Payroll jobs rose 0.2% in the month to mid-May

Media Release

Payroll jobs rose 0.2 per cent in the month to 14 May 2022, according to figures released today by the Australian Bureau of Statistics (ABS).

Bjorn Jarvis, head of Labour Statistics at the ABS, said “Payroll jobs continued to fall through April, during the Easter weekend and Autumn school holidays, and began to lift over the first half of May. 

“The growth in payroll jobs during the first half of 2022 continues to be slower than the first half of 2021, when the labour market was recovering from the shocks that occurred in the first year of the pandemic. The 2022 estimates continue to reflect tightening labour market conditions, together with ongoing disruption from Omicron-related employee absences.”

a. Week 0 is 14 March 2020, 13 March 2021 and 12 March 2022. Easter fell on week 4 in 2020, week 3 in 2021 and week 5 in 2022

Payroll jobs can show larger short-term changes than Labour Force statistics on employment, given that employees without paid leave entitlements may be away from work for a short period without losing their job, particularly during holiday periods or when sick. Information on employed people working reduced or no hours in May will be available in next week’s Labour Force release.

State and territory

Since the seasonal low around Easter, payroll jobs grew in almost every state and territory over the month to mid-May 2022. The Northern Territory saw the largest rise over the month (up 1.0 per cent) which was similar to the change seen in the month to mid-May 2021.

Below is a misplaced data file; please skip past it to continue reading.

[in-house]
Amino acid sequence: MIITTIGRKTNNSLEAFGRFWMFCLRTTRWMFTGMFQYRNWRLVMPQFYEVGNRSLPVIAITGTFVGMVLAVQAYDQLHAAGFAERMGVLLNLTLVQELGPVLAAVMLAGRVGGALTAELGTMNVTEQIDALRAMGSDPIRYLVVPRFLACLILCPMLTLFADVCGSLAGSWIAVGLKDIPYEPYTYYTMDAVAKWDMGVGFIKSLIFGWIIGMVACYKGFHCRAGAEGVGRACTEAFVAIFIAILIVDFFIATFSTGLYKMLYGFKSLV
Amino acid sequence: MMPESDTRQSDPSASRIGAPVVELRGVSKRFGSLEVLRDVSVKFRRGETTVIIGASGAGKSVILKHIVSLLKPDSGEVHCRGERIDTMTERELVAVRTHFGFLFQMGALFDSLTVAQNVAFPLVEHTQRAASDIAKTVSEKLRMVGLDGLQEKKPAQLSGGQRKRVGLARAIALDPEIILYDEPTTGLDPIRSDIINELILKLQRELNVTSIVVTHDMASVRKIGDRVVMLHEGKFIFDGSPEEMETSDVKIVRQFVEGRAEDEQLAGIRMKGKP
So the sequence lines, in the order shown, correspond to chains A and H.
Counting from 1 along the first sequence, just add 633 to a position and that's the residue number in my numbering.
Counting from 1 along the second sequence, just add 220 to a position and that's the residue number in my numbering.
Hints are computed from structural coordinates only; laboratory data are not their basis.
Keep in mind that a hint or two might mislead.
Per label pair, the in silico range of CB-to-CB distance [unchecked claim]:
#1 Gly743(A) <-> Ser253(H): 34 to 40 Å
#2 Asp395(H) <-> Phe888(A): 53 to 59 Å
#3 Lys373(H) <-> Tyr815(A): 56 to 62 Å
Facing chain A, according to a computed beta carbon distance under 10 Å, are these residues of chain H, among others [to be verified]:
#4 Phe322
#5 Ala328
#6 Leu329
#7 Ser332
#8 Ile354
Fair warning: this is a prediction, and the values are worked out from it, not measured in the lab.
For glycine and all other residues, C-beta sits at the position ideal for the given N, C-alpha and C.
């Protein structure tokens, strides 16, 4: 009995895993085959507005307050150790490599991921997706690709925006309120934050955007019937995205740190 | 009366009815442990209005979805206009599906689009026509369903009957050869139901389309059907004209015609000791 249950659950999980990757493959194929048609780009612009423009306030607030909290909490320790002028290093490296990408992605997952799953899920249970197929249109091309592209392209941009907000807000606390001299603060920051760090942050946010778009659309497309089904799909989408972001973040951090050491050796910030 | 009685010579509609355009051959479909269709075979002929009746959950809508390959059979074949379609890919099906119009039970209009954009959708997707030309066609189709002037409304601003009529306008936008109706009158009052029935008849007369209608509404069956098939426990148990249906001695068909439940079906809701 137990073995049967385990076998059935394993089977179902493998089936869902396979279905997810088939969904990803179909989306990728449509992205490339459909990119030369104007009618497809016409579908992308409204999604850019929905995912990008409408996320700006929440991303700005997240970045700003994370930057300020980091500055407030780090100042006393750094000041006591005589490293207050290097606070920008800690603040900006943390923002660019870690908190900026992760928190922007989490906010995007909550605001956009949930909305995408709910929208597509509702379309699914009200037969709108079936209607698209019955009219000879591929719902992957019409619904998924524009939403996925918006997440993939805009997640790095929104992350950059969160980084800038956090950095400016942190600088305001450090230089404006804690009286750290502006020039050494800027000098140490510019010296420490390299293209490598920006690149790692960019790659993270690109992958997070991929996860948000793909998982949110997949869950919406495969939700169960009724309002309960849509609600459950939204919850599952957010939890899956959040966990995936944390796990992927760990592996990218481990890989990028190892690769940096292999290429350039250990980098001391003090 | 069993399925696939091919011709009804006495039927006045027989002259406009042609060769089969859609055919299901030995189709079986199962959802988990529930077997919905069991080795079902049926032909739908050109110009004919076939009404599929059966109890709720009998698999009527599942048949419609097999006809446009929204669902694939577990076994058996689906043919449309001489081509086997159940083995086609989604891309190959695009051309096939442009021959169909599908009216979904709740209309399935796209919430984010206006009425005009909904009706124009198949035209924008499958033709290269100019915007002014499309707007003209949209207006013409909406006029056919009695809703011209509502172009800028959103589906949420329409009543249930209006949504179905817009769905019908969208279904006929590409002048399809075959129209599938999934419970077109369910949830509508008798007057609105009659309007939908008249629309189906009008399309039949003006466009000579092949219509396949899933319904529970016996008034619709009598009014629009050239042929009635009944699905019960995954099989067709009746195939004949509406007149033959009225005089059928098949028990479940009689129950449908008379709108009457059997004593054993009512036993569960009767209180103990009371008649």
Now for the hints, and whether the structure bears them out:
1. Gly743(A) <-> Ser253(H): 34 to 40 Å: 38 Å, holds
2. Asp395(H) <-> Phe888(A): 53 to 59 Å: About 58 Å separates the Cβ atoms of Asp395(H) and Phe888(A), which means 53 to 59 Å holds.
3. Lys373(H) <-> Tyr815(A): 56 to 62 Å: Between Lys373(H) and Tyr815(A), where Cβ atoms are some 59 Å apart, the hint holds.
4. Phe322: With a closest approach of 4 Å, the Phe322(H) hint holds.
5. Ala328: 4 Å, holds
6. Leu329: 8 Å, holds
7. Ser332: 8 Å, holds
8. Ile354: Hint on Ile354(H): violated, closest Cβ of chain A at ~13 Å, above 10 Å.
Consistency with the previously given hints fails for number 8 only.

Tasmania was the only jurisdiction where payroll jobs fell over the month to mid-May, down 0.8 per cent, reflecting the later timing of their school holidays (between 15 April and 1 May 2022).

Payroll jobs were above pre-pandemic levels in all states and territories. This growth was largest in the Northern Territory (8.2 per cent) and Western Australia (8.0 per cent), and smallest in New South Wales (3.7 per cent) and Victoria (5.4 per cent).


Payroll jobs increased over the month in 6 of the 19 industries, with the largest seen in Education and training (up 4.4 per cent), as schooling resumed in most states and territories in late April.

The Accommodation and food services industry recorded the second largest rise in payroll jobs (up 2.1 per cent) over the month. While payroll jobs in this industry followed a similar pattern to 2021, during the weeks around the seasonal low at Easter, payroll jobs had fallen further between mid-March and mid-May 2022 than in 2021.

a. Week 0 is 14 March 2020, 13 March 2021 and 12 March 2022. Easter fell on week 4 in 2020, week 3 in 2021 and week 5 in 2022

The ABS acknowledges the continued support of the Australian Taxation Office in enabling the ABS to produce weekly insights into the Australian labour market from Single Touch Payroll data.

Media notes

  • Payroll jobs are not seasonally adjusted, which generally requires at least three years of data. The longstanding seasonally adjusted Labour Force statistics series can aid in the interpretation of labour statistics across periods of greater seasonality, through the COVID-19 period.

  • Payroll jobs are predominantly employee jobs paid through payrolls. Some industries, such as Agriculture, forestry and fishing and Construction, have high proportions of owner managers who are not included in payroll reporting. For more information, see the Scope and coverage section of the Methodology of this release.

  • In each release, as more complete data are received, payroll jobs and wages estimates are revised. The magnitude of revisions can vary at some points of the year, such as the end of the financial year and calendar year in line with changes in the reporting activity of businesses. 

  • When reporting ABS data you must attribute the Australian Bureau of Statistics (or the ABS) as the source.

  • For media requests and interviews, contact the ABS Media Team via (8.30am-5pm Mon-Fri).

  • Subscribe to our media release notification service to get notified of ABS media releases or publications upon their release.

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